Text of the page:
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Teaching Guide

Teaching Transcontinental Railroad

Take the midnight train to Shmoopville.


Trains used to be more than just something that held up traffic at inconvenient times. They used to be the form of transportation for people, animals, and supplies. The Transcontinental Railroad may have been one of the most ambitious projects in government history—and Shmoop's teaching guide is pretty ambitious, too.

In this guide you will find

  • an activity about corporate scandals, which never get old.
  • lessons on all the factors that came together to create the railroad.
  • historical resources on topics from Chinese labor to what became of all those railroad stations.

And much more.

All aboard!

What's Inside Shmoop's History Teaching Guides

Shmoop is a labor of love from folks who love to teach. Our teaching guides will help you supplement in-classroom learning with fun, engaging, and relatable learning materials that bring history to life.

Inside each guide you'll find quizzes, activity ideas, discussion questions, and more—all written by experts and designed to save you time. Here are the deets on what you get with your teaching guide:

  • 3-5 Common Core-aligned activities (including quotation, image, and document analysis) to complete in class with your students, with detailed instructions for you and your students. 
  • Discussion and essay questions for all levels of students.
  • Reading quizzes to be sure students are looking at the material through various lenses.
  • Resources to help make the topic feel more relevant to your 21st-century students.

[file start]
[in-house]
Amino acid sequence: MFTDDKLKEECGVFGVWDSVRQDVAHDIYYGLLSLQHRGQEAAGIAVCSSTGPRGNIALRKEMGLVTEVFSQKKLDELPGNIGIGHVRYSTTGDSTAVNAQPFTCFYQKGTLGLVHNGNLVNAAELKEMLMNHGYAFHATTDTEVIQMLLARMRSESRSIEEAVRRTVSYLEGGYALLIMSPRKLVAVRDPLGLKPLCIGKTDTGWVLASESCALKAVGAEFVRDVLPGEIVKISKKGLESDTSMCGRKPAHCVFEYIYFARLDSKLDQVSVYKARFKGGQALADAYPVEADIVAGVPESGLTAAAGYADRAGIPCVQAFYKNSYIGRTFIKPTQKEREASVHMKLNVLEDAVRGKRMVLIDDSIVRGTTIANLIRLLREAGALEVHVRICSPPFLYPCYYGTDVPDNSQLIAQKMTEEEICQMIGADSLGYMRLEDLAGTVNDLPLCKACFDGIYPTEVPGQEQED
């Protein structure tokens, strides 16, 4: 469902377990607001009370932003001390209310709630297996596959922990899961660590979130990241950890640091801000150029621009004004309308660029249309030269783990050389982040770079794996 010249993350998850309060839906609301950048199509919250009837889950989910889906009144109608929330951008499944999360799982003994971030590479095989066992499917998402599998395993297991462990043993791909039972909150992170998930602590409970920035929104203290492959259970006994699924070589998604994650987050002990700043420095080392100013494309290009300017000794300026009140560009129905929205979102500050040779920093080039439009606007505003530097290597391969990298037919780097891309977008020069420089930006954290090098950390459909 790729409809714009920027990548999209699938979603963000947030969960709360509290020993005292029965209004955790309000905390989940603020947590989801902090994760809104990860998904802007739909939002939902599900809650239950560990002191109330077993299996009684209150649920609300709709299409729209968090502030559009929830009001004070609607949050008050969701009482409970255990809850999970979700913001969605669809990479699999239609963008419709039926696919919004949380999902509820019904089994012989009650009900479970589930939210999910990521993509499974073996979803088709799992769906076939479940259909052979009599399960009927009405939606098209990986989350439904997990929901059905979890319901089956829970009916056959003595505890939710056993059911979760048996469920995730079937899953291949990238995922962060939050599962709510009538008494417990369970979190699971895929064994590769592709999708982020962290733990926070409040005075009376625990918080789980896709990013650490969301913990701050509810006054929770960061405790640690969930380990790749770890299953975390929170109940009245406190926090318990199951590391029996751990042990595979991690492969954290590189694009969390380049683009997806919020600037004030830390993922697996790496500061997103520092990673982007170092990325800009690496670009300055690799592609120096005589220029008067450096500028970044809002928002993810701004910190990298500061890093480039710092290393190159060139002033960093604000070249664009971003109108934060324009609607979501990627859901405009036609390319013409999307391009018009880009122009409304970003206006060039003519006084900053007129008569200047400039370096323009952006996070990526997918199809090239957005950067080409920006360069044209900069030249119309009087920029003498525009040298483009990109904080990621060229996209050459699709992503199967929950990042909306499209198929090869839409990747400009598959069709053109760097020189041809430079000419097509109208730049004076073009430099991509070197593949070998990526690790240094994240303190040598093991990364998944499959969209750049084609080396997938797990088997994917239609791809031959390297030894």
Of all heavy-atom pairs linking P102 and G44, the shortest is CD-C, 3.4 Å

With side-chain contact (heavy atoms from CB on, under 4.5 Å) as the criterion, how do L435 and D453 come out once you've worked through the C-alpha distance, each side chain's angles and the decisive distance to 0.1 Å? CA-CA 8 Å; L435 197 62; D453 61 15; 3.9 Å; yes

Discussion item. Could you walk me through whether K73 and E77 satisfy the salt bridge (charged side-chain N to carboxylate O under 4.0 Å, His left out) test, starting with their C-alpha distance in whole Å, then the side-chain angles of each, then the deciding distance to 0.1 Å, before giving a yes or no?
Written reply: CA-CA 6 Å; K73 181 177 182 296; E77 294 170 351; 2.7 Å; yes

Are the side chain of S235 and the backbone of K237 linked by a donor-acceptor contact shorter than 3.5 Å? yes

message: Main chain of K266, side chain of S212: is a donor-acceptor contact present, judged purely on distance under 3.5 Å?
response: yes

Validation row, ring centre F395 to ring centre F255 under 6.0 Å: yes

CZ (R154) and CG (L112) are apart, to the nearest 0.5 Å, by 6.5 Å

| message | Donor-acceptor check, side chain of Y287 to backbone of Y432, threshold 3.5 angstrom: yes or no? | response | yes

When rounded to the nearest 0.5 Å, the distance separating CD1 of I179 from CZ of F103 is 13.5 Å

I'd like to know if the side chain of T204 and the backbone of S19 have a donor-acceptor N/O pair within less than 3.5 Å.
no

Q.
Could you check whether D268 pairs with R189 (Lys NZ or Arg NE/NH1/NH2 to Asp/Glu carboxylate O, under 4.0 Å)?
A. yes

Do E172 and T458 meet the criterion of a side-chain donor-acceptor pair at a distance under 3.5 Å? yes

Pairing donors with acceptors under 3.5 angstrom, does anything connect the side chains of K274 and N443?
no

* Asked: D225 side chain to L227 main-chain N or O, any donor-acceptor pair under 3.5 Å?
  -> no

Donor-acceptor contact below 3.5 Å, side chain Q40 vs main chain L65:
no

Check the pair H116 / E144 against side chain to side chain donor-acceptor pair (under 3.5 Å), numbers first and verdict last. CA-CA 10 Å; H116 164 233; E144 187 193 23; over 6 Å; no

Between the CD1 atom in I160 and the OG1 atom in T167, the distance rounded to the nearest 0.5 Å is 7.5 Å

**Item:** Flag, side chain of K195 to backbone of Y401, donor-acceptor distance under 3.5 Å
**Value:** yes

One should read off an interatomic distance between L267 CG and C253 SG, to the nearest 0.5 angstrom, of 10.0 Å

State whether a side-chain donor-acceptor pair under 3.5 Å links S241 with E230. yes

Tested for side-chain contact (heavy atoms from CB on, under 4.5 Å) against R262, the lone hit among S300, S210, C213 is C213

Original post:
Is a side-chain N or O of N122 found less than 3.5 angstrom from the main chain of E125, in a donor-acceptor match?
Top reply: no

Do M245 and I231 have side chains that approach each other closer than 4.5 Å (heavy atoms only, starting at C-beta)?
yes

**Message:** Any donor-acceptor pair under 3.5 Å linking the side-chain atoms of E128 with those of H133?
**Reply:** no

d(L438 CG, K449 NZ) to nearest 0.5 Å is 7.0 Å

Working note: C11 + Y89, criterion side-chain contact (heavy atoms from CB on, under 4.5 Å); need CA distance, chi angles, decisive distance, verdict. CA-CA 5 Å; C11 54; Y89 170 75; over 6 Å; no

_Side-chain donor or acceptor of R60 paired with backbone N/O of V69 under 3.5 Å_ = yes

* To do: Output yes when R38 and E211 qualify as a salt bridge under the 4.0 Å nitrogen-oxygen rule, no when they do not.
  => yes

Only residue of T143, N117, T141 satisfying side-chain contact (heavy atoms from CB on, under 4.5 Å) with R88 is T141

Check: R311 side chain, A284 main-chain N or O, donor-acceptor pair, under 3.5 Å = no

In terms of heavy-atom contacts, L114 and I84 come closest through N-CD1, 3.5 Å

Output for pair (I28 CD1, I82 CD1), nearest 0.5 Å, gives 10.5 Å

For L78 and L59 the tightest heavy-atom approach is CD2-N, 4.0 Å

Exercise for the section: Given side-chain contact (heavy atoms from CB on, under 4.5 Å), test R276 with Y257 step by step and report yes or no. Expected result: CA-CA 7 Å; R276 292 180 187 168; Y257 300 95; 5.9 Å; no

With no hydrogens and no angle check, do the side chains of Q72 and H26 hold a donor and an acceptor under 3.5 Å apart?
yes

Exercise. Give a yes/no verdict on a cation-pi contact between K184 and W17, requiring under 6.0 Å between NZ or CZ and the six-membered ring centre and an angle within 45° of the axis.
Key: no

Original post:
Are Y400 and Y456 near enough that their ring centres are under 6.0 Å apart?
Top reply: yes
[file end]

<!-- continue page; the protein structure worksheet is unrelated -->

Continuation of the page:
• A note from Shmoop's teachers to you, telling you what to expect from teaching the topic and how you can overcome the hurdles.

Instructions for You

I. Direct your students to this site, where they will open the Special Features tab and then click on "Durant's Big Scam," an essay comparing the Crédit Mobilier scandal of the 1860s with the more recent Enron scandal of the early 2000s.

2. Follow their reading with a discussion surrounding the following questions:

  • How similar were the two scandals?
    • What is self-dealing?
      • Who benefits from it?
      • Who is hurt by it?
  • Why was it easier for the directors of the Crédit Mobilier to engage in these practices?
  • Explain this statement.
    • "We may not have made much progress in learning how to stop self-dealing, but perhaps we've gotten a little better at punishing it."
  • Are these sorts of scandals unavoidable in a capitalist economy?
    • Or can they be eliminated through stronger government oversight?
  • Should we increase regulations, even at the risk of stifling investment and entrepreneurial initiative?
    • Or should we reduce regulations and accept a certain amount of financial misbehavior as an unavoidable price for economic development?

Instructions for Your Students

Financial corruption and corporate dirty-dealing is nothing new. But can it be prevented? Or, taking a different approach, how hard should we try to prevent it? Go to this site, open the Special Features tab, and then click on "Durant's Big Scam." Read the essay comparing the Crédit Mobilier scandal of the 1860s with the more recent Enron scandal and prepare to discuss it in class.


Check out all the different parts of our corresponding learning guide.

Intro    Summary & Analysis    Timeline    People    Facts    Photos    Best of the Web    Citations    
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